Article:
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Monday, February 18, 2013

Should Authors Be Reviewers?

For every story, there is a review. Sometimes, there are many reviews. Sometimes, the reviews remain unwritten.

And that is the tragedy, isn't it? The unwritten review.

Reviews are nature's way of validating an author's efforts. Whenever a review is written, an author is assured, once more, that their work has been read. Has been processed by the mind of another person. Has been mulled about in another's thoughts.

An author is assured that, through their story, they've connected to another human being.

Does that sound melodramatic? It should…and it shouldn't.

Every author should be able to think back to a time before they decided to pick up the pen and write a book. We all start out as readers, with our own favorite authors and favorite stories. We read, we devour books by the score, and we share them with our friends. We talk about the characters we love, the villains we hate, the tales that keep us thinking about them long after we put down the book.


If you were to write a review of a book you'd read back then, how would you write it? With all the passion of a dedicated reader, who only wants a chance to discuss the book and the way it affected you?

Or would you write it as the author you are today--with all the sensitivity of a common bond, as someone who understands the weight each word of a review can carry? How would your perspective as an author change the way you review another person's work?

Can you walk that fine line without toppling?

The Review and the Razor's Edge

On one side of the blade, you may under-evaluate a work for fear of hurting feelings or--worse yet--earning a negative review in return. What purpose would such a review serve? The writer would not be fairly reviewed if all you provide is lip-service. Readers who come across your critique may mistake it for veritable praise and expect to find those merits in the story.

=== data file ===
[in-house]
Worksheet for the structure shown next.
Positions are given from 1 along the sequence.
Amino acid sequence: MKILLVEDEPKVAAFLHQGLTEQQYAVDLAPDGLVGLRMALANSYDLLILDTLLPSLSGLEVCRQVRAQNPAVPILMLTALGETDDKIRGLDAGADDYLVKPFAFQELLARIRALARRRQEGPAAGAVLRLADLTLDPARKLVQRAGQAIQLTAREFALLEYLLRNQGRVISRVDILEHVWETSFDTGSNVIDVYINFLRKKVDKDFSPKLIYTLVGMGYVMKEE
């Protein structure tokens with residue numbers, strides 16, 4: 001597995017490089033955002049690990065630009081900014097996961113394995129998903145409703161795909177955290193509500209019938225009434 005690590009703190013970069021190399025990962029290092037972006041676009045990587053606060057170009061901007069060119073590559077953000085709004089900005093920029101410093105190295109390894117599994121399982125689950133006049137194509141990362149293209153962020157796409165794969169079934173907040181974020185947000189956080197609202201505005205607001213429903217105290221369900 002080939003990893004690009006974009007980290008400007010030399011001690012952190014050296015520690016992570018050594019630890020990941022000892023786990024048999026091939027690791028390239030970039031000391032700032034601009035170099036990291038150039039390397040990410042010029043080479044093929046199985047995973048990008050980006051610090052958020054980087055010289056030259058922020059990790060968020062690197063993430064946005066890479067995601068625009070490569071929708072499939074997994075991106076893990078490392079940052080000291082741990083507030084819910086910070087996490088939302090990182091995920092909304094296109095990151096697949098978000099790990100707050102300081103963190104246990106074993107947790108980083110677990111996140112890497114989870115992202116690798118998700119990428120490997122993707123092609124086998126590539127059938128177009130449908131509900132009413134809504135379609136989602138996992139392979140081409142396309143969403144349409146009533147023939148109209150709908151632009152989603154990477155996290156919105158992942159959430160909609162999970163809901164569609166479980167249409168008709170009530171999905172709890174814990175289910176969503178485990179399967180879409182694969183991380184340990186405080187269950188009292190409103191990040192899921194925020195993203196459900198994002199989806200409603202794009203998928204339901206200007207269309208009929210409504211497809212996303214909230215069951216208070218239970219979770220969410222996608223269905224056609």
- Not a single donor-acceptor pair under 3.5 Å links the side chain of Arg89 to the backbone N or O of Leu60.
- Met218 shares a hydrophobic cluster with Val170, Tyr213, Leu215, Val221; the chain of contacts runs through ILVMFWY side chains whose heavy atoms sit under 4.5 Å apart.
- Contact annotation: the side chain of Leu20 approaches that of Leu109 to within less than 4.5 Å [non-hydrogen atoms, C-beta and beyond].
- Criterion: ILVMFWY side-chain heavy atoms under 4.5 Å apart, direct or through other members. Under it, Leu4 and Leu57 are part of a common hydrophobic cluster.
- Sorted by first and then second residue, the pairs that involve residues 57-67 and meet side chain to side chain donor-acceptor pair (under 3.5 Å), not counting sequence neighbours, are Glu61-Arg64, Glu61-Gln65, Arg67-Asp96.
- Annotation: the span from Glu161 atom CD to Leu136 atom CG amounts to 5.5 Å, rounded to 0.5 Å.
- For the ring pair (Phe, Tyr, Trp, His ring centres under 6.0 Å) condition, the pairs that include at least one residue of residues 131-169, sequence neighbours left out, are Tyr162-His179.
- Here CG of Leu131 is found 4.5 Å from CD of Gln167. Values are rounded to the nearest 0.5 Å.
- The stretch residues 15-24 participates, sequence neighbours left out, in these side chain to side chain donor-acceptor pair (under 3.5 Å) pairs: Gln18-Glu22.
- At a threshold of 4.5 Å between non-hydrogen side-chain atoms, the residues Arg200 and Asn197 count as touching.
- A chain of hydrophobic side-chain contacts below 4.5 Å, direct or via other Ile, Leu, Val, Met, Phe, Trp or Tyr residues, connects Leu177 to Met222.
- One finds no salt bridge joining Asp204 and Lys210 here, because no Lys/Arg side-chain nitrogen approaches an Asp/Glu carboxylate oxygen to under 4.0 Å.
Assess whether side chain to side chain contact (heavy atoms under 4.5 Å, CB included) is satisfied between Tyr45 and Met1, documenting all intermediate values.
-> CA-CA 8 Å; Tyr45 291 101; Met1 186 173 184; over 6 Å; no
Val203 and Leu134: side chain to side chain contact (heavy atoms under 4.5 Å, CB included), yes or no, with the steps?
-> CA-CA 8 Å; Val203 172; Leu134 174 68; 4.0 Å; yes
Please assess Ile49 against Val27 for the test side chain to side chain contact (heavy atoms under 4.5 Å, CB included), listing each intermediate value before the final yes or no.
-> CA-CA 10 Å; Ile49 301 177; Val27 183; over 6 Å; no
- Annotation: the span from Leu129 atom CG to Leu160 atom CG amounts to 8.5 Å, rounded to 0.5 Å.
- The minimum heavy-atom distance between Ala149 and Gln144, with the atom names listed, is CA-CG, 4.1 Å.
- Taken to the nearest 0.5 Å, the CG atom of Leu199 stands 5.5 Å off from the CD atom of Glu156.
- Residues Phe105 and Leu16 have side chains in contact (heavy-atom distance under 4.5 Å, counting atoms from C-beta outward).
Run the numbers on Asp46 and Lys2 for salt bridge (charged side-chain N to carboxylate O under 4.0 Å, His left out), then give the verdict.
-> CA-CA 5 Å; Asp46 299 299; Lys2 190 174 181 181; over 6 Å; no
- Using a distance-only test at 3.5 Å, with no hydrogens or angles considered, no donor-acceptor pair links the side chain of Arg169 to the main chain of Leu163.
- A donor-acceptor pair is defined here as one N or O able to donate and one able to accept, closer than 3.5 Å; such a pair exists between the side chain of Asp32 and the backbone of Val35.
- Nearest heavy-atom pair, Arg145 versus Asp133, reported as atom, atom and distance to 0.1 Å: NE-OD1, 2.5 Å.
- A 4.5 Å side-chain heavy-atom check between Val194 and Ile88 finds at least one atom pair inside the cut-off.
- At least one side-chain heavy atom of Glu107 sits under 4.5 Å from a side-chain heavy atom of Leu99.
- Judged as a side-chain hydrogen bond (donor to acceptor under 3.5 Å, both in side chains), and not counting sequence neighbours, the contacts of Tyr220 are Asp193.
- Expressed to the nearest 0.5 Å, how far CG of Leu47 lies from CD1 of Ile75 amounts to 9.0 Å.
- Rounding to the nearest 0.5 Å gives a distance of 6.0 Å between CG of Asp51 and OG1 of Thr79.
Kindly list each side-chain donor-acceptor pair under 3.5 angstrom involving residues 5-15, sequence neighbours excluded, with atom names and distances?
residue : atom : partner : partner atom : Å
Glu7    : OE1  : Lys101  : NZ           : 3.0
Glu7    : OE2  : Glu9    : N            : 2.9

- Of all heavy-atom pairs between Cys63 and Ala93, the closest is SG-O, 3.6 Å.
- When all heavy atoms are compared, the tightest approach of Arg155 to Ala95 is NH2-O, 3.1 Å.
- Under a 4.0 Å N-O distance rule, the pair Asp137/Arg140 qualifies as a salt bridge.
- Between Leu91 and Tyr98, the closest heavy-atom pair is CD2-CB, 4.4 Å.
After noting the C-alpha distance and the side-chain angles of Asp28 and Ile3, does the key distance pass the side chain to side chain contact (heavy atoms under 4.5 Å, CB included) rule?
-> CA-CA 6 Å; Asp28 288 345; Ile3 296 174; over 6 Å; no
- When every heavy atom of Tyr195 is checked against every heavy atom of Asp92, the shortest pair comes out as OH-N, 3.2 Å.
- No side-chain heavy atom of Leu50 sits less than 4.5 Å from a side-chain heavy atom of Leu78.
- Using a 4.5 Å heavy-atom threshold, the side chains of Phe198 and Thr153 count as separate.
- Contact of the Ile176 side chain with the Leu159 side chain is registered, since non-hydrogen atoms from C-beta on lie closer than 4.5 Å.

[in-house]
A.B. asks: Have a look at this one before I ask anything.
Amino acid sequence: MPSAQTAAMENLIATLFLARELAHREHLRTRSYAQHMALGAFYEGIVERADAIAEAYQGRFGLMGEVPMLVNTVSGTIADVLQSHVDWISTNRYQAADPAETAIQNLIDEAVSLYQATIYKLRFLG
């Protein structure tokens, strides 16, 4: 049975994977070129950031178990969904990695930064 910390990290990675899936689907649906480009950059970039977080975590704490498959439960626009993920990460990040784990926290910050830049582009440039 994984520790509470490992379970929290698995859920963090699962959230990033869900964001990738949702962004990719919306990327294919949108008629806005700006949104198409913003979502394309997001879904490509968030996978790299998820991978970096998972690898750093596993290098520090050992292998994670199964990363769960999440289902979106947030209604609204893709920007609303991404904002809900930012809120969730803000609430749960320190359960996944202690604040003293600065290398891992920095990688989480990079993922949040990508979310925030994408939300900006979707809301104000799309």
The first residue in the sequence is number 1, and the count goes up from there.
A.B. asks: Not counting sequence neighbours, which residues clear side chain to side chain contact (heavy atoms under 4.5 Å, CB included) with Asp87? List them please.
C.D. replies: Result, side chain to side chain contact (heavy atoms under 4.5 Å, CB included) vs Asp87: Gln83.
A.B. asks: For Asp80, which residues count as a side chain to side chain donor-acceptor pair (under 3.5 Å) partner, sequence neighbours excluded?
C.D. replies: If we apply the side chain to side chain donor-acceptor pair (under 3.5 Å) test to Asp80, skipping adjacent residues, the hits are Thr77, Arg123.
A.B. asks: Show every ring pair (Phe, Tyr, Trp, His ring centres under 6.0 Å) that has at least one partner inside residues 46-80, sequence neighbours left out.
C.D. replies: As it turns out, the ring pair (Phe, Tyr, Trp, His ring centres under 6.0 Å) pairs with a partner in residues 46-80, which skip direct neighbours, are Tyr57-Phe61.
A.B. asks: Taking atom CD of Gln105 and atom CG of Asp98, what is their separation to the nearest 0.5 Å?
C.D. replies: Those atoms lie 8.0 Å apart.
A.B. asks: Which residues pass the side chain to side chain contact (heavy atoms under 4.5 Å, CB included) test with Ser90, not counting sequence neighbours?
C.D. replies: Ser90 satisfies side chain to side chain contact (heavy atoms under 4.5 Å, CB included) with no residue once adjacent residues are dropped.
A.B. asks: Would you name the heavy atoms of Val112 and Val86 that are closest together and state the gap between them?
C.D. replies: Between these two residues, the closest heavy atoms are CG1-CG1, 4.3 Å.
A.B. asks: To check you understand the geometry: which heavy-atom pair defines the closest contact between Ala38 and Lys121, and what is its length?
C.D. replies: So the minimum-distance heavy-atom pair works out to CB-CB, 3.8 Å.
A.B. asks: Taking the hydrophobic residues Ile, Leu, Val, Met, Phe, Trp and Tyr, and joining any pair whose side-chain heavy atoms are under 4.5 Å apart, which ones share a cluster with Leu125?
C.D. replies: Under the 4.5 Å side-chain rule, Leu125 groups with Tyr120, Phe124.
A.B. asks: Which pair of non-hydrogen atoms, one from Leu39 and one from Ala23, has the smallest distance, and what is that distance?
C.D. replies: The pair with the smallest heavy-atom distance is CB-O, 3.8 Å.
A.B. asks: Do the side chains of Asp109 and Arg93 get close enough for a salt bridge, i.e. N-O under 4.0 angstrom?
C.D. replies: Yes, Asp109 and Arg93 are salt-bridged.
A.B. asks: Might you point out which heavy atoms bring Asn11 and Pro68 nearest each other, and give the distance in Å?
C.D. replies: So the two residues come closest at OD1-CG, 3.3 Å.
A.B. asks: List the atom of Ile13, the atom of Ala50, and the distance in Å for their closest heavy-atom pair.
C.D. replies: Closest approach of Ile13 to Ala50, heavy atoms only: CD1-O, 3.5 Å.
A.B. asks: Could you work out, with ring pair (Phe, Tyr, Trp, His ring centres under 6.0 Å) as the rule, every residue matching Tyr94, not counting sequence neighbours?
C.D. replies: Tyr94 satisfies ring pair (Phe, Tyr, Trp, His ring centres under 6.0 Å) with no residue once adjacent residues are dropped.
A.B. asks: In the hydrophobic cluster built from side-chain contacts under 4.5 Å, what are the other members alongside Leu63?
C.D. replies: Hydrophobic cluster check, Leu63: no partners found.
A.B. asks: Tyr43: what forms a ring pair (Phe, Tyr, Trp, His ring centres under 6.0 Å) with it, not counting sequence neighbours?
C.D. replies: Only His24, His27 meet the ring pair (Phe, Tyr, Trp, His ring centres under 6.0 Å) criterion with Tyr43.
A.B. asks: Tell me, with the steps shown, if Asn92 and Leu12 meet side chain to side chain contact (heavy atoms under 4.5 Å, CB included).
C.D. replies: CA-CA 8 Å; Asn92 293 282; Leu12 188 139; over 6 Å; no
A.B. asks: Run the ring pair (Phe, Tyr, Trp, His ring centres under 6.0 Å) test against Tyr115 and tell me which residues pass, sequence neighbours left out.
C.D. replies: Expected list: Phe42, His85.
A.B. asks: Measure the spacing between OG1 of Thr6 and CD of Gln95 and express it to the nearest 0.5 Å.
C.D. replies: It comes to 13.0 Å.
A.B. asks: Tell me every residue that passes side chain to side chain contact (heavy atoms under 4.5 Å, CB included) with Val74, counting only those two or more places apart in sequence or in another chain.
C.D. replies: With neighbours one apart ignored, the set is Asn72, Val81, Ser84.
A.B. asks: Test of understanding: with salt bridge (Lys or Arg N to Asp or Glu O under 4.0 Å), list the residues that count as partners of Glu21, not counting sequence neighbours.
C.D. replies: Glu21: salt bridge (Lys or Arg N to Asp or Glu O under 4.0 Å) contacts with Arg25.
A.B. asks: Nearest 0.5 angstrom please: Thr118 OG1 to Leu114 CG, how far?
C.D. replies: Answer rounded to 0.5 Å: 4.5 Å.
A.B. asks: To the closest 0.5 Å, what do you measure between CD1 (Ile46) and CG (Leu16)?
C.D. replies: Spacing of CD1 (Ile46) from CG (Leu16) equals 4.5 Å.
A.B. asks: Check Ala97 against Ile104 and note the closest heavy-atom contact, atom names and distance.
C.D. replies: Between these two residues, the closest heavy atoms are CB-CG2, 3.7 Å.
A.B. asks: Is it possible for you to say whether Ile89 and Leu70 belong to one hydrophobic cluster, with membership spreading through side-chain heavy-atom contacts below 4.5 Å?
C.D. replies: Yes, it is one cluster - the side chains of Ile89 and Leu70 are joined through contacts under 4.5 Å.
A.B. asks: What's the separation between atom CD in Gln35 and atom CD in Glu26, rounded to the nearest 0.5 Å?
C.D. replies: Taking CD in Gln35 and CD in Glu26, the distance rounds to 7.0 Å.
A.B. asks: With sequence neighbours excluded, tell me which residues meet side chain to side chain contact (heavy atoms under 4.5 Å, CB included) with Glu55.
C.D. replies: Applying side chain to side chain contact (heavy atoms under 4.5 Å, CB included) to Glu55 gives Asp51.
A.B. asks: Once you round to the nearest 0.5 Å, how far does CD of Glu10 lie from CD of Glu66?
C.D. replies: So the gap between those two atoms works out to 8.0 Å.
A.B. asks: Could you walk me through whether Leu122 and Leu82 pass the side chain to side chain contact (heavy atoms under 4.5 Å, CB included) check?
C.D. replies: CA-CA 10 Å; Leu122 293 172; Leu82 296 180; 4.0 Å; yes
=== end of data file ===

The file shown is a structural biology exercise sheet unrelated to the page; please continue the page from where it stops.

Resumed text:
On the other side, you may be tempted to find fault where there is none, to cut down another's work to elevate your own. Your immediate response to that must be I would never--! But there is a part in each of us that is absolutely identical: the writer's conceit, that piece of ego that insists that we can tell a certain story better than anyone else can. That is a part of what drives us to write--aside from the pleasure of writing, apart from the creativity and the craft we have cultivated.

The silver line of the razor's edge is often taken too lightly--or too seriously--by writers. Just like any element of writing, the review is simply another thing authors should learn to write.

We need reviews, and we need a lot of them if our books have a chance of standing out in the crowded world of publishing. We are more likely to enlist the help of fellow authors when we are able to offer our own help in return. Has anyone forgotten the sweetness of a well-earned blurb?

I didn't think so.

So. Now we come to the part when someone says…but I've never written a review! Should I be writing them?

As an author, your opinion is going to be taken seriously. Whatever you put our name on is going to become part of your brand. Although there is no magic formula to writing stellar reviews, there are some tips to keep in mind.
  • Read book reviews.
Part of improving our craft of writing involves reading. Just as we read books and stories to see what works and what doesn't, we should also read reviews. Reviews are everywhere (and they are a great deal cheaper than novels). Read reviews posted on book blogs, on sites like Amazon and Goodreads. My personal opinion is that, as a future author, you need to write reviews that look just as professional as your manuscripts.
  • Structure your reviews and give something useful and unique to the reader.
Don't just spew out your random butterfly thoughts without any sense of direction. Provide the basics--the title, the publisher, a few links--so that a reader can track down the book for their own consumption. But don't just give boilerplate reviews--add your own insights, you special flavor, your emotional reaction.
  • Learn when opinion and info share becomes spoiler.